A large number (most?) of people who buy a computer are never going to repair or upgrade it. Of those machines that are opened up, a large number will be repaired or upgraded by a technician or support staff and even then, the vast majority are only going to have RAM increased. Gamers and people with a technical bent like to be able to access their machines, but for almost everyone else, they are appliances and accessibility just adds space and cost.
I'd also love to see something between the mini and the Pro in a tech-friendly format, but both of us belong to a very small market sector and one that Apple has no interest in.
Macs used to remain useful for longer than Windows PCs. Part of that was OSX, part of it was different users and use cases. AIOs made no sense in the PC world, where you'd need to be throwing the whole thing away every couple of years, rather than upgrading components. It was a better proposition on the Mac side of things. These days, however, a 5 year old mid-level PC is still useful. A Windows/PC AIO isn't as bad a choice as once it was. Microsoft can make decent hardware, but suffers from coming late to markets with products that are as good as _but_no_better_ than those already in the field. If it can avoid playing catch-up with Apple and the iMac a Microsoft AIO isn't necessarily a bad concept.
Lot's of 'ifs'.
The use of the term 'cop' or 'copper' to refer to the police has a number of possible roots. From the Latin 'capere' meaning to catch, perhaps. Maybe from the Dutch 'kapen'. From the French or even Anglo Saxon. There's evidence of the use of the modern form 'cop' meaning to catch in the 1700s and the use of 'copper' as 'one who catches' about the same time. Suggestions that the term has to do with copper buttons or helmets, or that a copper-a-day was the wage of a policeman are fanciful, as are backronyms like 'Constable on Patrol' and 'Civilian Officer of the Peace'.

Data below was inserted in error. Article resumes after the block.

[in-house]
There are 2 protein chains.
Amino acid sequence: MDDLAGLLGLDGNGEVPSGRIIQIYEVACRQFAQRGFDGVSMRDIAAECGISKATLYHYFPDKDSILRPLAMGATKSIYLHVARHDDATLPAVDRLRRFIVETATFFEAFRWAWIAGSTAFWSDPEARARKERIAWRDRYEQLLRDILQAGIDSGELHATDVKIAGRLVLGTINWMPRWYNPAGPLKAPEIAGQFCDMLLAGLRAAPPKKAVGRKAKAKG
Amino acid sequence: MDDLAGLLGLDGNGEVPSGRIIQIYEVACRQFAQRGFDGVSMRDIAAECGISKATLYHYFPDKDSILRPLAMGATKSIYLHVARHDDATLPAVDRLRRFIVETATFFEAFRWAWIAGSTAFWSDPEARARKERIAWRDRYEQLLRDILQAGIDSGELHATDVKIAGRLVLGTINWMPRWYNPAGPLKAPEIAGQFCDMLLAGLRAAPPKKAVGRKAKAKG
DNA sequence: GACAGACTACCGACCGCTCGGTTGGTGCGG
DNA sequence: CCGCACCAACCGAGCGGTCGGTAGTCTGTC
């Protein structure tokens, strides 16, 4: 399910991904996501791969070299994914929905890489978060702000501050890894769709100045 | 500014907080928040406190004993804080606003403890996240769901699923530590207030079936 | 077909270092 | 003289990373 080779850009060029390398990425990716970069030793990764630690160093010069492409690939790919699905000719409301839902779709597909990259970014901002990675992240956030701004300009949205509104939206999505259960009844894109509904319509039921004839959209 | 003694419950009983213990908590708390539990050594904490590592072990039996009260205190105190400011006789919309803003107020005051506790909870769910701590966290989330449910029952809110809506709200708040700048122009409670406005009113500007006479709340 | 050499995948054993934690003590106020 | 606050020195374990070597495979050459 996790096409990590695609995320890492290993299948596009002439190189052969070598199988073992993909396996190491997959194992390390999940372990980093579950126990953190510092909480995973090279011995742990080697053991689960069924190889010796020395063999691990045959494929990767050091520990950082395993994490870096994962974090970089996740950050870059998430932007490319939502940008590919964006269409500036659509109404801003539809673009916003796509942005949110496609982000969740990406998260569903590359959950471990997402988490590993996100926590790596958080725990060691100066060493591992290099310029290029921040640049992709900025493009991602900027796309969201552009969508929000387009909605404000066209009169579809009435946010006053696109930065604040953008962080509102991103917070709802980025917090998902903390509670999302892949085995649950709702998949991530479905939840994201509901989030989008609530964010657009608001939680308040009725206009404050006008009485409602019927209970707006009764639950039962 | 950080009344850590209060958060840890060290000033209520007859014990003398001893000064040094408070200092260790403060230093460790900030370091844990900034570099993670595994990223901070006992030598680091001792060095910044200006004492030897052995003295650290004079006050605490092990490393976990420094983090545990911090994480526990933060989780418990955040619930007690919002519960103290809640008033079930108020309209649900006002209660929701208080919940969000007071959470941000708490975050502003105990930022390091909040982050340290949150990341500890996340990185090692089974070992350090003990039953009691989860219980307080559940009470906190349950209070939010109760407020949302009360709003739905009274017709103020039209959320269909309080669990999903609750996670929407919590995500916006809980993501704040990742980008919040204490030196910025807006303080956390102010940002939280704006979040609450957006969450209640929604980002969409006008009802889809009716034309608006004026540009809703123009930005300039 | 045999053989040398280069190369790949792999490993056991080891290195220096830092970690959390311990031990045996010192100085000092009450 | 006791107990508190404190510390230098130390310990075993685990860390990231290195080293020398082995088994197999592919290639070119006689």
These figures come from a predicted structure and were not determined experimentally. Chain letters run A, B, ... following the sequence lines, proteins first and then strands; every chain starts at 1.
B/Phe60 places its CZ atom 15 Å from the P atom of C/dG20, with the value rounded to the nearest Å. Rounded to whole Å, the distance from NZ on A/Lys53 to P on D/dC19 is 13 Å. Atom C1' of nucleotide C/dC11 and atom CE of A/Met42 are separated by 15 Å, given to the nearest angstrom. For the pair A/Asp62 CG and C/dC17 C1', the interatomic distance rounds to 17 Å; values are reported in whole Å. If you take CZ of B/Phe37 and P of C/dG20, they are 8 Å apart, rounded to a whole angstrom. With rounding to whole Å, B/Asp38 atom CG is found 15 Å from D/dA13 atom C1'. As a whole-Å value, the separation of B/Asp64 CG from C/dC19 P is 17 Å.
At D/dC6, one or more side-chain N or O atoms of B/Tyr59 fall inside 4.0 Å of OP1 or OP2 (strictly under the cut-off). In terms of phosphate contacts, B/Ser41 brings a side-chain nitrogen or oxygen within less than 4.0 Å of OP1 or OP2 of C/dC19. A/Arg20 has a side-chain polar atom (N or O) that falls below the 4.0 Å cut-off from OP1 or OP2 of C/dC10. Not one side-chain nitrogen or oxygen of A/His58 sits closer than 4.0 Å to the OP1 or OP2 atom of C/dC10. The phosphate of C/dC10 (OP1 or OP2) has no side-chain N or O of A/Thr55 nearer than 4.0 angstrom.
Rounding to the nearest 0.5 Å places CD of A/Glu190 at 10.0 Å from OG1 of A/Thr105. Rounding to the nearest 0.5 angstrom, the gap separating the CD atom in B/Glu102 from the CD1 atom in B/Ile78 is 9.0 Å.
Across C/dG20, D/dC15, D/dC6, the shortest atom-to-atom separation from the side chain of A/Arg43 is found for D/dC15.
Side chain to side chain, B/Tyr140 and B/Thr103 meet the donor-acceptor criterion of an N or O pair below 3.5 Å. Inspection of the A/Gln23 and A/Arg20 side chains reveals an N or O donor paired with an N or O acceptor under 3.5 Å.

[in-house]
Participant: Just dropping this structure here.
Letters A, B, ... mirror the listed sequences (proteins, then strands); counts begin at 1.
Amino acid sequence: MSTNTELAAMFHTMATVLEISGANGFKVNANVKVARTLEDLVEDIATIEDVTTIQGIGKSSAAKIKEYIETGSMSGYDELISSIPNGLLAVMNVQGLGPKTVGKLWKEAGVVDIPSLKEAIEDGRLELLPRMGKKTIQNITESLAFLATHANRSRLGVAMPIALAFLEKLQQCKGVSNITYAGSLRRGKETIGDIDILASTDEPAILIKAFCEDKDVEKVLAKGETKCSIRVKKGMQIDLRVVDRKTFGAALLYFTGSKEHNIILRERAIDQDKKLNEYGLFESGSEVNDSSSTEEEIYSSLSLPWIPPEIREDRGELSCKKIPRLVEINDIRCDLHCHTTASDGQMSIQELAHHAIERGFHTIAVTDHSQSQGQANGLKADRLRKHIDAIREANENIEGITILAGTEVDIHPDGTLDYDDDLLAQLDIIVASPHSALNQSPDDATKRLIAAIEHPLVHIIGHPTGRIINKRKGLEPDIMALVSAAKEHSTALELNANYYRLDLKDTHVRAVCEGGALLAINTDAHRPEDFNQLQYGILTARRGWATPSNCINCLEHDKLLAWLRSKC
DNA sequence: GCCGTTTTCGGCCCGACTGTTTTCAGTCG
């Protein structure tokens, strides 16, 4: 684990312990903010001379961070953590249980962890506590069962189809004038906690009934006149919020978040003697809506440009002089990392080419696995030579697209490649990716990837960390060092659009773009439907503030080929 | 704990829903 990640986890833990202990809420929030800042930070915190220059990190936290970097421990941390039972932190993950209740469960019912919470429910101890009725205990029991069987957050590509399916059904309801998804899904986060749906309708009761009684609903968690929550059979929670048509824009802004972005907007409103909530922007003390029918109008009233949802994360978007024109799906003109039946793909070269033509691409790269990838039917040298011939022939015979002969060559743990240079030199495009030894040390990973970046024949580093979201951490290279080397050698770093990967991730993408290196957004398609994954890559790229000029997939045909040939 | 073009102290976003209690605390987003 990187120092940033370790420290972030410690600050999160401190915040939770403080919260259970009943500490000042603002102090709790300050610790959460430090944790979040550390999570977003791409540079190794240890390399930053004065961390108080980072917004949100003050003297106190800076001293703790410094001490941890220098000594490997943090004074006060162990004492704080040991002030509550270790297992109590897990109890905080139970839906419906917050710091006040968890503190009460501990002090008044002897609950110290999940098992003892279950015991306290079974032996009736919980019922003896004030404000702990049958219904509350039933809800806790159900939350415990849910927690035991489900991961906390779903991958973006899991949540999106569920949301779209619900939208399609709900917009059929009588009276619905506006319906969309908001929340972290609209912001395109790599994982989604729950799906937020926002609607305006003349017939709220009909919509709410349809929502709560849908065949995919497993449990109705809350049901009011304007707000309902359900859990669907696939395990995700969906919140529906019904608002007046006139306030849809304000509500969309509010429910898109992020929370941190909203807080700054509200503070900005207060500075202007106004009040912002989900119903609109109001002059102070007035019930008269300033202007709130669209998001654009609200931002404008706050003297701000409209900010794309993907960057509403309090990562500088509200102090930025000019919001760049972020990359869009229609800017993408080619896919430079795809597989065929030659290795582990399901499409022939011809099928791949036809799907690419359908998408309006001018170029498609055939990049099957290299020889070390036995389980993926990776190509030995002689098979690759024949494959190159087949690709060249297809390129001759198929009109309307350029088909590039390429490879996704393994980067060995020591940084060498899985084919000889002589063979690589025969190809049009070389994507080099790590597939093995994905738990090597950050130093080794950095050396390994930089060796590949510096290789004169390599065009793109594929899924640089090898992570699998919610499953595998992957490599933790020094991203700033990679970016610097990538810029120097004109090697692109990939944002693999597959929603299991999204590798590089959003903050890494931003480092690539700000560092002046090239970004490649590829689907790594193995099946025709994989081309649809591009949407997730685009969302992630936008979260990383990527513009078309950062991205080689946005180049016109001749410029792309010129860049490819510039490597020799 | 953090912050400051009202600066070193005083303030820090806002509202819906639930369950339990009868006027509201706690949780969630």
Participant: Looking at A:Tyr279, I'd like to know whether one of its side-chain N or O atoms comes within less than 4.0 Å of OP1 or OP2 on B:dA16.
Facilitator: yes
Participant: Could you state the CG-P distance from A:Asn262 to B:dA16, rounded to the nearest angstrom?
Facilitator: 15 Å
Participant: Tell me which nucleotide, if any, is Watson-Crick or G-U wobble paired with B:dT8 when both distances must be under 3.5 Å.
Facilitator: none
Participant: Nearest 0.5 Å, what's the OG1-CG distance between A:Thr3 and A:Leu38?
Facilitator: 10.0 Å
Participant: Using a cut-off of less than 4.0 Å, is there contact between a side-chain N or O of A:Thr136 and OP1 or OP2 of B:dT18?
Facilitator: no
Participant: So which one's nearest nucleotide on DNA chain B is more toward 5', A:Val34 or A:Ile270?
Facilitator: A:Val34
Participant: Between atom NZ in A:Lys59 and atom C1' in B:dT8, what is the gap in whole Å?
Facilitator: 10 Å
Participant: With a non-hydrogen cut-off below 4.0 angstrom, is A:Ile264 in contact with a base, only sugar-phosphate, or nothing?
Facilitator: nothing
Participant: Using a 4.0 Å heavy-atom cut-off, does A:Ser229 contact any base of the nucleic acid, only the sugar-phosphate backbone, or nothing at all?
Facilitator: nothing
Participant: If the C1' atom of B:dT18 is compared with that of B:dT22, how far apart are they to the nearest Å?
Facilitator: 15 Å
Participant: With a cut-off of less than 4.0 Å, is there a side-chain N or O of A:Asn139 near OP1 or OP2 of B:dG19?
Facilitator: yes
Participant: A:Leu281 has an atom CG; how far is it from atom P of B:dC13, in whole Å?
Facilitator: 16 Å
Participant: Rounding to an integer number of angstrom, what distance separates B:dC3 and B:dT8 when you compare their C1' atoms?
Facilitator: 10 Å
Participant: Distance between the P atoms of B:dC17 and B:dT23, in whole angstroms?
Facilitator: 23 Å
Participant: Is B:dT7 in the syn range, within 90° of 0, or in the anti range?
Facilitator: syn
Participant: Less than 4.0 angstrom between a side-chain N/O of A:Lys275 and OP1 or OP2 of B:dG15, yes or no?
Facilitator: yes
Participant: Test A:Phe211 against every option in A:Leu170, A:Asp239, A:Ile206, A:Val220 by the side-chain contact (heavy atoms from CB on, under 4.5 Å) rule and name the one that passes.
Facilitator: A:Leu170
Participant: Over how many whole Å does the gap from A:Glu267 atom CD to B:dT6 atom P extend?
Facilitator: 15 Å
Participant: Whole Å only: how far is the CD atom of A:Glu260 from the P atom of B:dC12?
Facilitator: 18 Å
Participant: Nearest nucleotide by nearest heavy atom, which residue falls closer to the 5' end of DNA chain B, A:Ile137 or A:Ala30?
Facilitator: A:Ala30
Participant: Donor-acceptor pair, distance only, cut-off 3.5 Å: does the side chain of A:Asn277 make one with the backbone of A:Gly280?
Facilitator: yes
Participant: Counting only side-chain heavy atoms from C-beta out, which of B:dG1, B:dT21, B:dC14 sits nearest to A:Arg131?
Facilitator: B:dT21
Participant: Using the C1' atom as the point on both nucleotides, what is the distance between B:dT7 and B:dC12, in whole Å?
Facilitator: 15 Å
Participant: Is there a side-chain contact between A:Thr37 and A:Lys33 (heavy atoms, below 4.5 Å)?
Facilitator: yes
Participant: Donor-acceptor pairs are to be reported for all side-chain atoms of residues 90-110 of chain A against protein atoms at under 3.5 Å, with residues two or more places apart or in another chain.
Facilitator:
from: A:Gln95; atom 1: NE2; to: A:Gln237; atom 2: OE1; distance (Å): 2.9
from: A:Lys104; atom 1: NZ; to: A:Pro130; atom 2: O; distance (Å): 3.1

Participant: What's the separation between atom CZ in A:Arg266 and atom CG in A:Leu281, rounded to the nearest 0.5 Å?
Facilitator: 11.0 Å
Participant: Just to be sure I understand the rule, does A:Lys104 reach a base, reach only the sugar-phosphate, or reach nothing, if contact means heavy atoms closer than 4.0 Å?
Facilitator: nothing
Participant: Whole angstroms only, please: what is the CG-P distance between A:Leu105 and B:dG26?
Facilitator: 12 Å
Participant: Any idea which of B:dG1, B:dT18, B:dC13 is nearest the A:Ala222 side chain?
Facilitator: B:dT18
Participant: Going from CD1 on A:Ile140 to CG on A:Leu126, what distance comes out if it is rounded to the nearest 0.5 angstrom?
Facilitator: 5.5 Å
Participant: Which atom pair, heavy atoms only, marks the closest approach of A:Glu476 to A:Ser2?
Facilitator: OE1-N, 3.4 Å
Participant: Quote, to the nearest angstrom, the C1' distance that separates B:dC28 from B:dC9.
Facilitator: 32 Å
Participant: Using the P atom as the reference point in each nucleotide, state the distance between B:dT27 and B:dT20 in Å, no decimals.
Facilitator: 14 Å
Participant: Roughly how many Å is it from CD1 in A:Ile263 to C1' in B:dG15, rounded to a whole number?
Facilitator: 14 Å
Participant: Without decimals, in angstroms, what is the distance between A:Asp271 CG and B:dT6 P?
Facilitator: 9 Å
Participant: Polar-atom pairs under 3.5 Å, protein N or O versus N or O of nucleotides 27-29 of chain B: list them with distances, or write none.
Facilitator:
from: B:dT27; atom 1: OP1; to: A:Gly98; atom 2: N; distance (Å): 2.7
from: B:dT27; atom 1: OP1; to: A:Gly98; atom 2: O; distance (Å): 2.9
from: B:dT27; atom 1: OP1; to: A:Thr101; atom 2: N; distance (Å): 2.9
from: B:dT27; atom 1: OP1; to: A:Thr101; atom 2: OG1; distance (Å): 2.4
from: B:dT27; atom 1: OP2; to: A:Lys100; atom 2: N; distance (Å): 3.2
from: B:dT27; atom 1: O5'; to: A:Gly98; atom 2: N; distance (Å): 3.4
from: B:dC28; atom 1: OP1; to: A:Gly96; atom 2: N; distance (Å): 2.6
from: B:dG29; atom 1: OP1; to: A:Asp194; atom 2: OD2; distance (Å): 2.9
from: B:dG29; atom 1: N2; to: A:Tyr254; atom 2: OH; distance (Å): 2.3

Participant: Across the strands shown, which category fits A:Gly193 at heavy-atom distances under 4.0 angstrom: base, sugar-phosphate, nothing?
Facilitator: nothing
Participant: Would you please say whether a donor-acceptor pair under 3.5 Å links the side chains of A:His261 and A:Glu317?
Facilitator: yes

The word 'civilian' has meant different things at different times. The link Bruce66423 so thoughtfully provides gives a number of these, and being the OED, provides a history of examples of usage. I'm not sure what you mean by 'revisionist history'? 'Civilian' has variously meant someone who practices civil law, someone who is moral without being christian, someone who is not in the military and someone who is not in a specified professional group. That last, the definition you are objecting to, has examples that are all informal. I consider it a stylistic fault for an article to use a police/civilian split, but it's not incorrect. I think that in an environment of increased militisation of police that it's tasteless, but it's still not incorrect.
I'm not sure what you are getting at with insisting that the police are under 'civil law'. Certainly in my country (Australia) police have certain rights that differ from non-police as well as certain restrictions and obligations. I think the militarisation of police is a concern; I think that movements away from Peel's 'policing by consent' towards increased use of force, decreased transparency etc. are concerning. To the degree that you seem to be saying something similar, I agree.
Snopes quotes sources and gives reasons for the conclusions that are drawn. While that may not be a terribly high bar, it's usually more than those who "bring[s] up any of the 'holes in the matrix'".
I love how people quote that bullshit site like it's the fucking Encyclopedia Britannica
It's a starting point. Usually conversations run something like "Outrageous Claim!", "Counterpoint - link to Snopes"
You seem to be claiming that people use Snopes as an appeal to authority, and then attack Snopes 'authority'. Which is kind of an ad hominem. I read the Zero Hedge link and then the Snopes link. One quotes similar sites, the other references court documents, interviews officials and attempts to show why and how misinformation was used to create the 'story'. Clear 'win' to Snopes. Burden of proof back to original claim.
it's a webpage run by some guy
Yup. It's credibility would
Now, would you mind telling me why I should believe the claims of Zero Hedge (that Ashe was killed as part of a Clinton coverup) when Snopes pretty clearly (to me) explains how the cause of death was misreported and how that was used to create the accusation the Zero Hedge promotes? If you could also address the discrepancy between the claims Zero Hedge makes (that Ashe was due to testify in a case against Clinton) and the court documents and clarification from the US District Attorney's office, with a similar (or better) standard of evidence, then I'll happily concede the point. Until then, your assertion that Snopes is garbage seems unfounded.
The amount of time between slipping on the peel and landing on the pavement is precisely 1 bananosecond.